Friday, April 24, 2009

The attraction of Lending Club

Posted on Reuters by Felix Salmon:

I just had a very interesting meeting with Renaud Laplanche, the CEO of Lending Club, the peer-to-peer lender, and I’ve come out very enthusiastic about what he’s doing there.

Lending Club is the most advanced of the US peer-to-peer lenders, in that it has gone through all the legal pain needed to get full SEC registration and therefore has less in the way of legal question marks hanging over it. It also seems in some way the most professional: rather than scrolling through sob stories looking for someone sympathetic to lend to, lenders never even know the identifying details of the individuals they’re lending to, and generally just invest a lump sum over a couple of hundred different people.

The returns so far have been good: according to a report from Javelin Research,

At the close of November, the overall investment return averaged 9.05%, with a median return of 10.48%, based on a Weighted Average Return on Invested Capital (WAROIC). That calculation accounts for Lending Club’s 1% service charge, as well as for loans paid off early, hobbled by late payments or defaulted.

That’s a healthy return, for a fixed-income investment, without being usurous as far as the borrowers are concerned. Indeed, that’s one of the reasons I like this model so much: it allows people to pay off their credit-card debts, which might be well over 20% or even 30% per annum, at a much cheaper rate, over a reasonable three-year time period. You can even prepay your loan at any time without penalty.

Lending Club isn’t trying to lend to people who can’t borrow money elsewhere: indeed, it has pretty stringent underwriting standards, and turns down 90% of the would-be borrowers at its site. The ones who do qualify end up paying somewhere between 8% and 19% interest, depending on their creditworthiness; the interest rate is set by Lending Club, rather than bilaterally between borrowers and lenders.

The company’s default rate is more or less where you’d expect, in the 3% to 4% range; once a loan has defaulted, the recovery is very low. But recoveries on loans which are 60 days delinquent are actually very high, in the 75% range: borrowers really want to repay these loans, and don’t hate Lending Club in the way they hate their bank or credit-card company. What’s more, because the loans amortize over three years, a substantial chunk of the principal amount has generally already been paid back even by those borrowers who do end up going into default.

Another thing I like about Lending Club is that it isn’t only stringent about its borrowers; it’s stringent about its lenders, too, requiring an income of at least $70,000 a year and liquid assets of at least $70,000. In California, where right now most of the lenders are based, those numbers actually rise, to $100,000. For the time being, substantially all of the company’s lenders are individuals — there are a lot of angel-investor Silicon Valley types who consider this kind of investing to be extremely low-risk and a way of making the world a better place. But moving forwards, there’s no reason why Lending Club shouldn’t get substantial institutional investments as well, especially once it’s been going for three to five years.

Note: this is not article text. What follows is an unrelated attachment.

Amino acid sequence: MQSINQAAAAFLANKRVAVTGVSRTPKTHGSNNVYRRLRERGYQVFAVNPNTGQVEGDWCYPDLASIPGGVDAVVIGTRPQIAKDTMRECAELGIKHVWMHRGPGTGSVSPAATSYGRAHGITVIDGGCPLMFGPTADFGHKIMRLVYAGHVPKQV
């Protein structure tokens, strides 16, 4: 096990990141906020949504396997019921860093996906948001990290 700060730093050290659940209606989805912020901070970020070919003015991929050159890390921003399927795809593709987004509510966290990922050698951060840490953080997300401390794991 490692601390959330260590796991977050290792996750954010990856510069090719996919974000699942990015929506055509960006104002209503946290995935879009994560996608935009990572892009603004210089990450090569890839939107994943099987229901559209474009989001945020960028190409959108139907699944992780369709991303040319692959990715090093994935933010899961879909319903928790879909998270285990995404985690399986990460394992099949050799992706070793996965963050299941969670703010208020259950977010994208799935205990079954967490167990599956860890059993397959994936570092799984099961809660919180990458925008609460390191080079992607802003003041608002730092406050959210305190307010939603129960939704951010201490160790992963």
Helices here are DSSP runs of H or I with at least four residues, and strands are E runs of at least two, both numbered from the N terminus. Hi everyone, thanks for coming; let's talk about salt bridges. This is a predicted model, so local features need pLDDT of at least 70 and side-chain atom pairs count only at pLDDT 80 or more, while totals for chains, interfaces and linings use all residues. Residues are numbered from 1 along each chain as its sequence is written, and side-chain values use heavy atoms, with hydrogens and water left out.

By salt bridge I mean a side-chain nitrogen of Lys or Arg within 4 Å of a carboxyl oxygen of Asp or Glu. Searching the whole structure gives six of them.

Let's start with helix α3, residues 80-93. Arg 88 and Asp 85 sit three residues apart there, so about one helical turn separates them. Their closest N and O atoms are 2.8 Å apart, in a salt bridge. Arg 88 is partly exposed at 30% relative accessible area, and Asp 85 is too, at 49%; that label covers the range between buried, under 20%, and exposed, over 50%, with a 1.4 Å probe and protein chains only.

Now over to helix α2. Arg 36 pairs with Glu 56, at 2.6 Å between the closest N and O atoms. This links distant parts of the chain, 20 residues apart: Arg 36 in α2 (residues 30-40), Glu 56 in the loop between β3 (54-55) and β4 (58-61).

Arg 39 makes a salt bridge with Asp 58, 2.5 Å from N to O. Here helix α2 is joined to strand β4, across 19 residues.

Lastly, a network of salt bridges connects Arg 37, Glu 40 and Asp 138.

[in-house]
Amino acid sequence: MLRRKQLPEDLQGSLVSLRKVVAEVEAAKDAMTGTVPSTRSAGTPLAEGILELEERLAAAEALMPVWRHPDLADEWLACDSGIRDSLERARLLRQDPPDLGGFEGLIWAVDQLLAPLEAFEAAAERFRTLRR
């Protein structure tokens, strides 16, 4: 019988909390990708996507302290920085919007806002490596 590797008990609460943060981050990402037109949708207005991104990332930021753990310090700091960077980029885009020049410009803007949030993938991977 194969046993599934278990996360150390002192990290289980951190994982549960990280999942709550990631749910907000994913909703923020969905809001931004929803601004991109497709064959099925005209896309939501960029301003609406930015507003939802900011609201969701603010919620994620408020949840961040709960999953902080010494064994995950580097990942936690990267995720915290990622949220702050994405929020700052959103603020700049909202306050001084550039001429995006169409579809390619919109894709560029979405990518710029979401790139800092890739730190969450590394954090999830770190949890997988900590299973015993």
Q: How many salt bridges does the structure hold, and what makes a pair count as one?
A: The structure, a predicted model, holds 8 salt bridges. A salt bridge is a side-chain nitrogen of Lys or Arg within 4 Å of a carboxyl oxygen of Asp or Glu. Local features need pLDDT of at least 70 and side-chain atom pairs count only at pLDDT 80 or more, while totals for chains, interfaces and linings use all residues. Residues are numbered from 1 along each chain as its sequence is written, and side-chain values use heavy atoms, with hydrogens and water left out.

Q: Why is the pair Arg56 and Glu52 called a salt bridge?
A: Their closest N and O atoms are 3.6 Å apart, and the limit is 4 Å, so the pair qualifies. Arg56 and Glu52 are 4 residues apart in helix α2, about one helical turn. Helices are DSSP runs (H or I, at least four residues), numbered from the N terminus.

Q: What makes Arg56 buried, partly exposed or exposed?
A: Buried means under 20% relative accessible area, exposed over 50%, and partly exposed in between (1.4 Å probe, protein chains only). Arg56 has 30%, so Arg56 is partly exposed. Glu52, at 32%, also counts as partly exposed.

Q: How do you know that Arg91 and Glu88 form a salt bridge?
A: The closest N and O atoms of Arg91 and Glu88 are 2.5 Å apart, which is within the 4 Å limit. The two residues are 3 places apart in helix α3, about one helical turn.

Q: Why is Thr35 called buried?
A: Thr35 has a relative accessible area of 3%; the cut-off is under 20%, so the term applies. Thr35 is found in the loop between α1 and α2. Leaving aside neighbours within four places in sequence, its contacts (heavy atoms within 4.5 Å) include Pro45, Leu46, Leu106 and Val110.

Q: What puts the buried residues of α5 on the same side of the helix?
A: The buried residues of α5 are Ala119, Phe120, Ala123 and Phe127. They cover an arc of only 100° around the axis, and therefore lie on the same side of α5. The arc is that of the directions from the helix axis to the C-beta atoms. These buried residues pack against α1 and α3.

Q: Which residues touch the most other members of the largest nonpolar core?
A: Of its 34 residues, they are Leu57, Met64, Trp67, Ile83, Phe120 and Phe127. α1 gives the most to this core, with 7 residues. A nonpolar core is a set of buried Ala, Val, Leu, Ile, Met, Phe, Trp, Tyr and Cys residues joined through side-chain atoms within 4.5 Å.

That said, this kind of investment is particularly well suited to retail investors, because of its three-year time horizon. (It recently launched an IRA product, too, with income reinvested.) There is a secondary marketplace for loans, but it’s not a major feature of the site, and most investors are very much buy-and-hold.

Lending Club is not the best way of looking for particularly sympathetic borrowers, or for lending in an arm’s-length and legally-binding way to a friend. (Virgin Money is the place to go for that.) Instead, it’s just a way of disintermediating a banking system with which many Americans have become increasingly disgusted, with both sides happy with the deal.

How safe an investment is Lending Club? This is the bit I like the most: it’s safe, but not too safe. The desire for safety was one of the main drivers of the financial crisis, and I believe that people with thousands of dollars to invest over a three-year time horizon should be comfortable taking a certain amount of risk. Going forwards, it’s possible that Lending Club will find an insurer willing to offer a principal guarantee in return for a certain insurance premium of say 300 basis points, but in a weird way I like it more this way: it forces investors to worry just a tiny bit about the prospect of losing some of their money, and that worry is ultimately healthy.

No investment yielding 9% a year can ever be risk-free, but I don’t think the amount of risk embedded in a diversified portfolio of Lending Tree loans is at all excessive, given the yield. It’s certainly much lower than the risk of investing in a diversified portfolio of stocks, which is something that hundreds of millions of Americans do as a matter of course. Plus, you get to help out people who are really grateful for your money. So if you want to diversify out of the markets and make more money than on a bank CD, it’s definitely something to consider.

Should you borrow from Lending Club? Well, you can try — but most people who do try, fail. For the time being the demand for loans greatly exceeds the amount of money available, so there’s not a great chance you’ll get what you want. But if and when Lending Club takes off, it could become a great place to borrow money easily and at much lower rates than your credit-card company is charging. Banks have been making it increasingly difficult to get a personal loan in recent years, because they make so much more money from credit cards. Lending Club is now offering a product which really the banks should have been offering all along, but weren’t. I wish it very well.

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